What are the various Islamic Sects?
With the death of Mohammad in A.D. 632, Islam ceased to be a monolithic religion. Disagreements about succession were made manifest even before his funeral ceremony. By the next generation, a complete schism had occurred with two principle branches: Sunni and Shia. From there, as with other major world religions, further divisions occurred in the following centuries.
- Sunni Muslims include 84%–90% of all Muslims. Sunni means “tradition,” and Sunnis regard themselves as those who emphasize following the traditions of Muhammad and of the first two generations of the community of Muslims that followed Muhammad. A number of movements to reform Islam have originated mainly in the 20th century. Some are limited to one country and others have a broader influence. Most are Sunni movements, such as the Wahhabis, the Muslim Brotherhood, and Jama`at-i-Islami. The Wahhabi sect is a strict, conservative sect that tries to follow the original teaching of Mohammed. It was derived from Sunni Hanbalism via Ibn Taymiya/Taymiyya (d.1328). Later it spread from Mecca to Punjab, India via Ismail Hadji Maulvi-Mohammed and Sayd Ahmed. The Saudi Arabian government came to power as a result of a Wahhabi revolt. They emphasize tawheed, or the oneness of God. Within Saudi Arabia Wahhabis are considered Sunnis. Many of the Muslims in the World Trade Center plane crashes and the al-Qaeda were Wahhabis. Early Muslims tortured people and gouged out their eyes, so if an extremist is one who greatly deviates from the original teaching, peaceful liberal Muslims are at least as much “extremists” in Islam as the violent Wahhabis.
Among the Sunni sect there are four major schools of thought or sub-sects each follow a particular Islamic law. They are:
- The Hanafi school of thought: The founder is the Persian scholar Imam Abu Hanifah al-Nu’man ibn Thabit (AD: 699-767). His school of thought is practiced widely in Southeast Asia, Central Asia, the Caucasus, the Balkans and Turkey. The majority of Sunni Muslims practice the Hanfi jurisprudence.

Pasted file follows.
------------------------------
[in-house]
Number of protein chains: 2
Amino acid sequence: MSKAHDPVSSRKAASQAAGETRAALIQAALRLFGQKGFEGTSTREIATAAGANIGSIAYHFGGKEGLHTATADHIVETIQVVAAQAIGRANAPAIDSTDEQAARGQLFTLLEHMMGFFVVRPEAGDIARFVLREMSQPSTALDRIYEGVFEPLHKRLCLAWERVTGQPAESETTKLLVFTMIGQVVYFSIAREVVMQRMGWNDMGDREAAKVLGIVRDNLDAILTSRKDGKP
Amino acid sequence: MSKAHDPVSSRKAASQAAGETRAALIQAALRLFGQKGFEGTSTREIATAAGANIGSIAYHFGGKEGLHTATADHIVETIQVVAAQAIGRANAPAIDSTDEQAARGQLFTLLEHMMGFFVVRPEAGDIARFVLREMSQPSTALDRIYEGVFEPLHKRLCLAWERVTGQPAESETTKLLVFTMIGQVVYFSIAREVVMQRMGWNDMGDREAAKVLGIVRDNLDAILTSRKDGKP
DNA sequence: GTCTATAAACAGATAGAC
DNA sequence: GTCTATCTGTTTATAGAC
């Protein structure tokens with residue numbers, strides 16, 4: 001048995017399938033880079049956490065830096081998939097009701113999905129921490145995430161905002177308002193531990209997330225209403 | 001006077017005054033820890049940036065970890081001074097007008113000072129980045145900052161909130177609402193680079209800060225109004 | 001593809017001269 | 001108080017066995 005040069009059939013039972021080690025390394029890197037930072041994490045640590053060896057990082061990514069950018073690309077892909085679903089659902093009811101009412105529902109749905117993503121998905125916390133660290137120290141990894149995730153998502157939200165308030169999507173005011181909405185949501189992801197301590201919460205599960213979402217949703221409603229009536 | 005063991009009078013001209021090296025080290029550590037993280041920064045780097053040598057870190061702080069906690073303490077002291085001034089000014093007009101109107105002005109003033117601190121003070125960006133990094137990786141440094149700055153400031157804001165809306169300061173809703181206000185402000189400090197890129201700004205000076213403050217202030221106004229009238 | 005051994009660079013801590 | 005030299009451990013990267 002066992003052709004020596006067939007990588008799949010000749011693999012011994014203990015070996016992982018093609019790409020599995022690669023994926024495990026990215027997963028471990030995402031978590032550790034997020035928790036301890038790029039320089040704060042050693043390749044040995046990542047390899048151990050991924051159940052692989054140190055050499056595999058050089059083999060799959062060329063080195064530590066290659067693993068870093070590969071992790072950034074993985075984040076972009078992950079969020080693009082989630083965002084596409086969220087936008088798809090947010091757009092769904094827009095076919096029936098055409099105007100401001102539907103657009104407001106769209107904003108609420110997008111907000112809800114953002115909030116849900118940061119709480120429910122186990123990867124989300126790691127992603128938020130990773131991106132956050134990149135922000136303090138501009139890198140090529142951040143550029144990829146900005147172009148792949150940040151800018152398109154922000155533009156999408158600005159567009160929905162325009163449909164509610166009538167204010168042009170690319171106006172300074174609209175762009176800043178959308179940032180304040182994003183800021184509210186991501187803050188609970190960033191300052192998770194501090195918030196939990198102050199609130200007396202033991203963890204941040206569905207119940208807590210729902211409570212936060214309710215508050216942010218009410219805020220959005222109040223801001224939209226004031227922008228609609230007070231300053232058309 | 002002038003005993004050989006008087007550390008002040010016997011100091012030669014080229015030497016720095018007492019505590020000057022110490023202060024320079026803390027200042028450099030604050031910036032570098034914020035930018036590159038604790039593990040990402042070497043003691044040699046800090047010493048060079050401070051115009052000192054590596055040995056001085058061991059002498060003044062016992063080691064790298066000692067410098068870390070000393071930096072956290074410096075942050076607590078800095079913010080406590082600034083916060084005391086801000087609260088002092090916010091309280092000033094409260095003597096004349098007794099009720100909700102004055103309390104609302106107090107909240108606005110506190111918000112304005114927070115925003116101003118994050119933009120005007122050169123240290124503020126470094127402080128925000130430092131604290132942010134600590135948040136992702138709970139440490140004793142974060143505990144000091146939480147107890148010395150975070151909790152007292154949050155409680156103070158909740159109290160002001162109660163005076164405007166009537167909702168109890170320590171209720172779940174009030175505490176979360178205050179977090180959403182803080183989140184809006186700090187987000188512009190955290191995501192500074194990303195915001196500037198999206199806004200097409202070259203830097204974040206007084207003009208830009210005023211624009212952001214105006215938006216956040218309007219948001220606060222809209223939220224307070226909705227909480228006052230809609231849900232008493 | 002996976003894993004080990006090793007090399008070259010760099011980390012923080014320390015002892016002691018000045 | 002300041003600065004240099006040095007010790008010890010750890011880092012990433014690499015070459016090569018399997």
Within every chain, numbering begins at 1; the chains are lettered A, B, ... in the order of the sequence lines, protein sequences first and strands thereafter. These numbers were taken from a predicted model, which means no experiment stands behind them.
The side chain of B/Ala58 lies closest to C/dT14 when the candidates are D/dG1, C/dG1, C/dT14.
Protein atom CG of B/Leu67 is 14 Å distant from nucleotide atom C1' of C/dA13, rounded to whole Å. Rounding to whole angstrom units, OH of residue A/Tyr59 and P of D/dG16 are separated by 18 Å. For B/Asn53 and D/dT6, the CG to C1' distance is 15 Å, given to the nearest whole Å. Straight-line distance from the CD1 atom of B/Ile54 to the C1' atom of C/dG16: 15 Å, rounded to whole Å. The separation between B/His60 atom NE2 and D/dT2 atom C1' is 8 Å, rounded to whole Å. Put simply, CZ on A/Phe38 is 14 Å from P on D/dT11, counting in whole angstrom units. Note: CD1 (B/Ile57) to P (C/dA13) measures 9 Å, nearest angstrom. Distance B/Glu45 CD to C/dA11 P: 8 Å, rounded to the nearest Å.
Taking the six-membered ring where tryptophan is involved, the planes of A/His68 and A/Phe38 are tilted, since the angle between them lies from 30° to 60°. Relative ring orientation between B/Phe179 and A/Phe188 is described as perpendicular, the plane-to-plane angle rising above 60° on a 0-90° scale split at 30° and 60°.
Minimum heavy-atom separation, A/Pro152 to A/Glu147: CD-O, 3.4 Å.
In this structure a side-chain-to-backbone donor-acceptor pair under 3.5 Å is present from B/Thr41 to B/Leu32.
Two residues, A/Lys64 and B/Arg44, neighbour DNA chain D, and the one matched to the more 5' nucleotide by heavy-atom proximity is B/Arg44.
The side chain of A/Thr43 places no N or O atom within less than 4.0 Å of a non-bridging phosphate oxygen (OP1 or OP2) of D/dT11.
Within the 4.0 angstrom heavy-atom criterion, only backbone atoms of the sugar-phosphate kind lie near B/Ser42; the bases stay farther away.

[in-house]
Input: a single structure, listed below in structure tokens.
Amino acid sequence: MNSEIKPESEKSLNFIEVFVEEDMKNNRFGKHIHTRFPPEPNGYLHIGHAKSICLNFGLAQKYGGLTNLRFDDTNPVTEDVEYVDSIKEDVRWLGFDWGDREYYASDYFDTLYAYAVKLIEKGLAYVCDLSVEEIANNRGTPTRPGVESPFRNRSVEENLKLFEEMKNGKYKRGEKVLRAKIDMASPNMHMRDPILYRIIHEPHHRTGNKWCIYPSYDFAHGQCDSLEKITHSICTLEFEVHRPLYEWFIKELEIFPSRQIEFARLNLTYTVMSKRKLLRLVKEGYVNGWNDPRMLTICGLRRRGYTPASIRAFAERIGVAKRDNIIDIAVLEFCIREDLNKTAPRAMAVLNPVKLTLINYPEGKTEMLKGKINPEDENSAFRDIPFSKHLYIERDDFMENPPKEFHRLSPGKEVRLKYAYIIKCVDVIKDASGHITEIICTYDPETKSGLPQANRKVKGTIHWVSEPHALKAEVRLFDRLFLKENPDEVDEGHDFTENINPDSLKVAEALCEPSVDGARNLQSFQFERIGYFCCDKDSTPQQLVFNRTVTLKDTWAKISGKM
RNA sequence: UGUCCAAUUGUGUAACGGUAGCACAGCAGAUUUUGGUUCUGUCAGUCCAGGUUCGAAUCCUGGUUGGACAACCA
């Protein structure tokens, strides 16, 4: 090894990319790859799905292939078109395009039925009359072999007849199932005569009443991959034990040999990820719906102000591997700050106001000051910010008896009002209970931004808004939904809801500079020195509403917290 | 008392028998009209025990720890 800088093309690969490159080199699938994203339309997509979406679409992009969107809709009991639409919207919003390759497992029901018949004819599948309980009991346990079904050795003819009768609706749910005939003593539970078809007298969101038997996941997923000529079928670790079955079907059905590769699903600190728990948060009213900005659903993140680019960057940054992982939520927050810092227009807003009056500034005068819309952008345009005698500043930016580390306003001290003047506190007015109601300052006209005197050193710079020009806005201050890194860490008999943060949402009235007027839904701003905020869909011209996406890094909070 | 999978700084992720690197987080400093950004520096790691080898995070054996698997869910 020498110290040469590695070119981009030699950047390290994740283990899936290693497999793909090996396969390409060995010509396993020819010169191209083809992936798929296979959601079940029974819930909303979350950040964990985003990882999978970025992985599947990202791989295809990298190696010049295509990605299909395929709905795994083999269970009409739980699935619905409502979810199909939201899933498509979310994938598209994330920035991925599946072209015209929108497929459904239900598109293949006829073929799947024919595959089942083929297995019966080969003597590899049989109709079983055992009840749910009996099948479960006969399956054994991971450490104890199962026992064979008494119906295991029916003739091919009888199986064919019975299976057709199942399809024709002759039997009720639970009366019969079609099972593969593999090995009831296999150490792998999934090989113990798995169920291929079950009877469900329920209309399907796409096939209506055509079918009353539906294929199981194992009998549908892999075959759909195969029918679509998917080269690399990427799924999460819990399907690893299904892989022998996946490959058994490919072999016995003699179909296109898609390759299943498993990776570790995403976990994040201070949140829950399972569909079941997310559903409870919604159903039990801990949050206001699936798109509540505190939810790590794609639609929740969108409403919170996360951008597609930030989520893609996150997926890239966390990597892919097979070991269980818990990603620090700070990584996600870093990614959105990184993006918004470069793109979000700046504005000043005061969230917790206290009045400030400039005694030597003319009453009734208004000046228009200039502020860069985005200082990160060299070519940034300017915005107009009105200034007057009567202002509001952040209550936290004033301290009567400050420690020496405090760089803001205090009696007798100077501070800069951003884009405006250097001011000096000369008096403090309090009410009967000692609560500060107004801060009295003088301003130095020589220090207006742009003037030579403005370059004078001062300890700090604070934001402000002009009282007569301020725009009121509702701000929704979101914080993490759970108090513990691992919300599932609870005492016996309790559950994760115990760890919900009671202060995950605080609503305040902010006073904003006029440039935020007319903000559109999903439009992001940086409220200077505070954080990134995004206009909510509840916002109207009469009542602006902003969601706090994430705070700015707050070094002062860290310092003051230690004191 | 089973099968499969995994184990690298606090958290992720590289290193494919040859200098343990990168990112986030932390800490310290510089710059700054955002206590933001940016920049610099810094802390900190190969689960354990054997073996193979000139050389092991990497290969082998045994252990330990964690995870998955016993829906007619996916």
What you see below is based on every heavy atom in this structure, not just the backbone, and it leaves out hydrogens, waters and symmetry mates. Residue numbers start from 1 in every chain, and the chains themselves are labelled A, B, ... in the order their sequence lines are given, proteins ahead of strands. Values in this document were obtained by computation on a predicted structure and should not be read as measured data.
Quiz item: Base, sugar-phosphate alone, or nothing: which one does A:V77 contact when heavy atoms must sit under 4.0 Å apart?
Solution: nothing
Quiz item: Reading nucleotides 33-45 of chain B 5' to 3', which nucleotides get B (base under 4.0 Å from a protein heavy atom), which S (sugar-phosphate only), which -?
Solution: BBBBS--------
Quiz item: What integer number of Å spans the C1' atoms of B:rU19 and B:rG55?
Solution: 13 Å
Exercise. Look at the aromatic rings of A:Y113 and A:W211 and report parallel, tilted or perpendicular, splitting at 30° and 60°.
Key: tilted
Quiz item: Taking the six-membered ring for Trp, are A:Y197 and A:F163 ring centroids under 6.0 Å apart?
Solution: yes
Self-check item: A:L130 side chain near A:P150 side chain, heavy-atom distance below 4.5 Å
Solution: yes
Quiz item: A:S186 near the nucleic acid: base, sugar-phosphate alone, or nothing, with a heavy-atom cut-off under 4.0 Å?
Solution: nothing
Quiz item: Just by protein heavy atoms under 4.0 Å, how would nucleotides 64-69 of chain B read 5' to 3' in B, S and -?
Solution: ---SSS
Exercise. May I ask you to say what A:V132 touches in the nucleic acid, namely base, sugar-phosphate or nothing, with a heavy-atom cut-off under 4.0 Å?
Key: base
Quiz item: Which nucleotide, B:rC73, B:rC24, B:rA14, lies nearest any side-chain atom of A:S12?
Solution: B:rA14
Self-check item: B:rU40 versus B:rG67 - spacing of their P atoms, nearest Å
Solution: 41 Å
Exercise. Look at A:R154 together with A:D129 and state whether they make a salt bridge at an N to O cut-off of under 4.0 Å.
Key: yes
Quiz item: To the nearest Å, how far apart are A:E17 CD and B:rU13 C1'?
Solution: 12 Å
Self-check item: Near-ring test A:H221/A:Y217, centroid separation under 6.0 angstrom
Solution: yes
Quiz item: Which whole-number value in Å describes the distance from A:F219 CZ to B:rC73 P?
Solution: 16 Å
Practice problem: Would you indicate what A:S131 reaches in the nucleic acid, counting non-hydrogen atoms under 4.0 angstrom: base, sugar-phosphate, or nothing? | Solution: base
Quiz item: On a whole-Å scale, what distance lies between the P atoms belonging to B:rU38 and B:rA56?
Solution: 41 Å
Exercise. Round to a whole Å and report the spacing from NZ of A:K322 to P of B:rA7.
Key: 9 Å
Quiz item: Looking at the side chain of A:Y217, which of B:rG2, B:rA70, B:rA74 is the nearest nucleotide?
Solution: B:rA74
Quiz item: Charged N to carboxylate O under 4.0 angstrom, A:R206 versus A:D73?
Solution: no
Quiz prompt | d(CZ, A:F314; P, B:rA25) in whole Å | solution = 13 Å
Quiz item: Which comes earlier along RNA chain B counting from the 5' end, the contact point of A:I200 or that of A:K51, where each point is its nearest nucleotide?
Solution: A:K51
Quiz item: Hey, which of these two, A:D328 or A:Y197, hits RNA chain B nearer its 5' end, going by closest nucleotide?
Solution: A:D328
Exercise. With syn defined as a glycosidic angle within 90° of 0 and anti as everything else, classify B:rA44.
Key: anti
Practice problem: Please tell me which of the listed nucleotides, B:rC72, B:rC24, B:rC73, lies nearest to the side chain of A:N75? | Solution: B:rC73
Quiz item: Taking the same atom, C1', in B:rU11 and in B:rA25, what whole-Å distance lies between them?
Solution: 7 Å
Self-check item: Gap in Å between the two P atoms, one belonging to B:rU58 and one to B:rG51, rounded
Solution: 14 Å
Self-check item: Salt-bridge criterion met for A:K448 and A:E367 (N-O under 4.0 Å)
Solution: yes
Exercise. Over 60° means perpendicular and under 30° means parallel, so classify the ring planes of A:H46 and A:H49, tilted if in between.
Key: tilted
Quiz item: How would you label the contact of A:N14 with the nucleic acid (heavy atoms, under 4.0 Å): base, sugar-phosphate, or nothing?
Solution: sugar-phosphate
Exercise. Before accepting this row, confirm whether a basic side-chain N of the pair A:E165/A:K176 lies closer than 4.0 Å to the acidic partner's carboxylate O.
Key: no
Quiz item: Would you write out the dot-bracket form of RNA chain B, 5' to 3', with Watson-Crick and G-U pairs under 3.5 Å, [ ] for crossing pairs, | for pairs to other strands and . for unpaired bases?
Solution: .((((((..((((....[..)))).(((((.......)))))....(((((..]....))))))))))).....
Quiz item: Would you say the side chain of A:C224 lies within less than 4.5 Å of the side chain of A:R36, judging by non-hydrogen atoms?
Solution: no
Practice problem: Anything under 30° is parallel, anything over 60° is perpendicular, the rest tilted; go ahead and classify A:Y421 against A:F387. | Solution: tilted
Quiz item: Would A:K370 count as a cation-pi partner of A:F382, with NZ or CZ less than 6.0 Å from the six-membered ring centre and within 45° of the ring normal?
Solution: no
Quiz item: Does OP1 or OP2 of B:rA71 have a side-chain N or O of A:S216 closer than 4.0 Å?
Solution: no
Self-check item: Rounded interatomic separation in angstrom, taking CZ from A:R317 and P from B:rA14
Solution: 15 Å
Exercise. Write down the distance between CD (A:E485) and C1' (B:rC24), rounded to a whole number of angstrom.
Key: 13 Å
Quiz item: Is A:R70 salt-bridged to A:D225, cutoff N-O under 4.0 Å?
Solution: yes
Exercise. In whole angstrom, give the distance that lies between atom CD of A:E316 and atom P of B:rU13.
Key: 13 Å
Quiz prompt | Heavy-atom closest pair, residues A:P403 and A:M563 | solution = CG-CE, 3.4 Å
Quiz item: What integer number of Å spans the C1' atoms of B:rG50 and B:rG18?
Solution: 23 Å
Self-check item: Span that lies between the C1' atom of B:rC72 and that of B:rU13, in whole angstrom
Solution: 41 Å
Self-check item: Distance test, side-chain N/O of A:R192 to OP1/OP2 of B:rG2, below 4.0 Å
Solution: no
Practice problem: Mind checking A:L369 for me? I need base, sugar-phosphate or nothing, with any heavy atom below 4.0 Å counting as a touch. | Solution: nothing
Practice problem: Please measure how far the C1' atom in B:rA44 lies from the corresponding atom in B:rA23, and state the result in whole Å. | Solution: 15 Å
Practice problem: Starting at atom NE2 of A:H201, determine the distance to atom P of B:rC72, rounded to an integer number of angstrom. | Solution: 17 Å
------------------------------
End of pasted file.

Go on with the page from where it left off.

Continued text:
- The Shafi’i school of thought: The founder is Abu Abdullah Muhammad Ibn Idris al-Shafi’i known as Imam Al-Shafi’i (AD: 767-820). Imam al-Shafi’i is also known as the “First Among Equals” for his exhaustive knowledge and systematic methodology to religious science. Adherents of this sect are mainly from the Middle East.
- The Maliki school of thought: The founder is Malik Bin Anas (AD: 711-795). Its adherents are mostly from North Africa, United Arab Emirates, and parts of Saudi Arabia.
- The Hanbali school of thought: The founder is Imam Ahmad Ibn Hanbal (AD: 780–855). The Hanbali jurisprudence is considered very strict and conservative. The Hanbali school of jurisprudence is practiced mainly in Saudi Arabia, Qatar as well as in parts of Syria and Iraq
- Shi`ite Muslims comprise 10%–16% of all Muslims. Shi`ites are the “party of `Ali,” who believe that Muhammad’s son-in-law `Ali was his designated successor (imam) and that the Muslim community should be headed by a designated descendent of Muhammad. Three main subgroups of Shi`ites are Twelvers (Ithna-`Asharis), Seveners (Isma`ilis), and Fivers (Zaydis).
- Sufis are Islamic mystics. Sufis go beyond external requirements of the religion to seek a personal experience of God through forms of meditation and spiritual growth. A number of Sufi orders, comparable to Christian monastic orders, exist. Most Sufis are also Sunni Muslims, although some are Shi`ite Muslims. Many conservative Sunni Muslims regard Sufism as a corruption of Islam, although most still regard Sufis as Muslims.
- Baha’is and Ahmadiyyas are 19th-century offshoots of Shi`ite and Sunni Islam, respectively. Bahai’s consider themselves the newest of the major world’s religions but recognize that historically they originated from Shi`ite Islam in the same way that Christianity originated from Judaism. Ahmadiyyas do regard themselves as Muslims. Most other Muslims, however, deny that either group is a legitimate form of Islam and regard members of both groups as heretics — people who have corrupted and abandoned Islamic belief and practice.
- Druze, Alevis, and Alawis are small, sectarian groups with unorthodox beliefs and practices that split off from Islam. Druze and Alevis do not regard themselves as Muslims and are not considered Muslims by other Muslims. `Alawis have various non-Islamic practices, but debate continues as to whether they should still be considered Muslims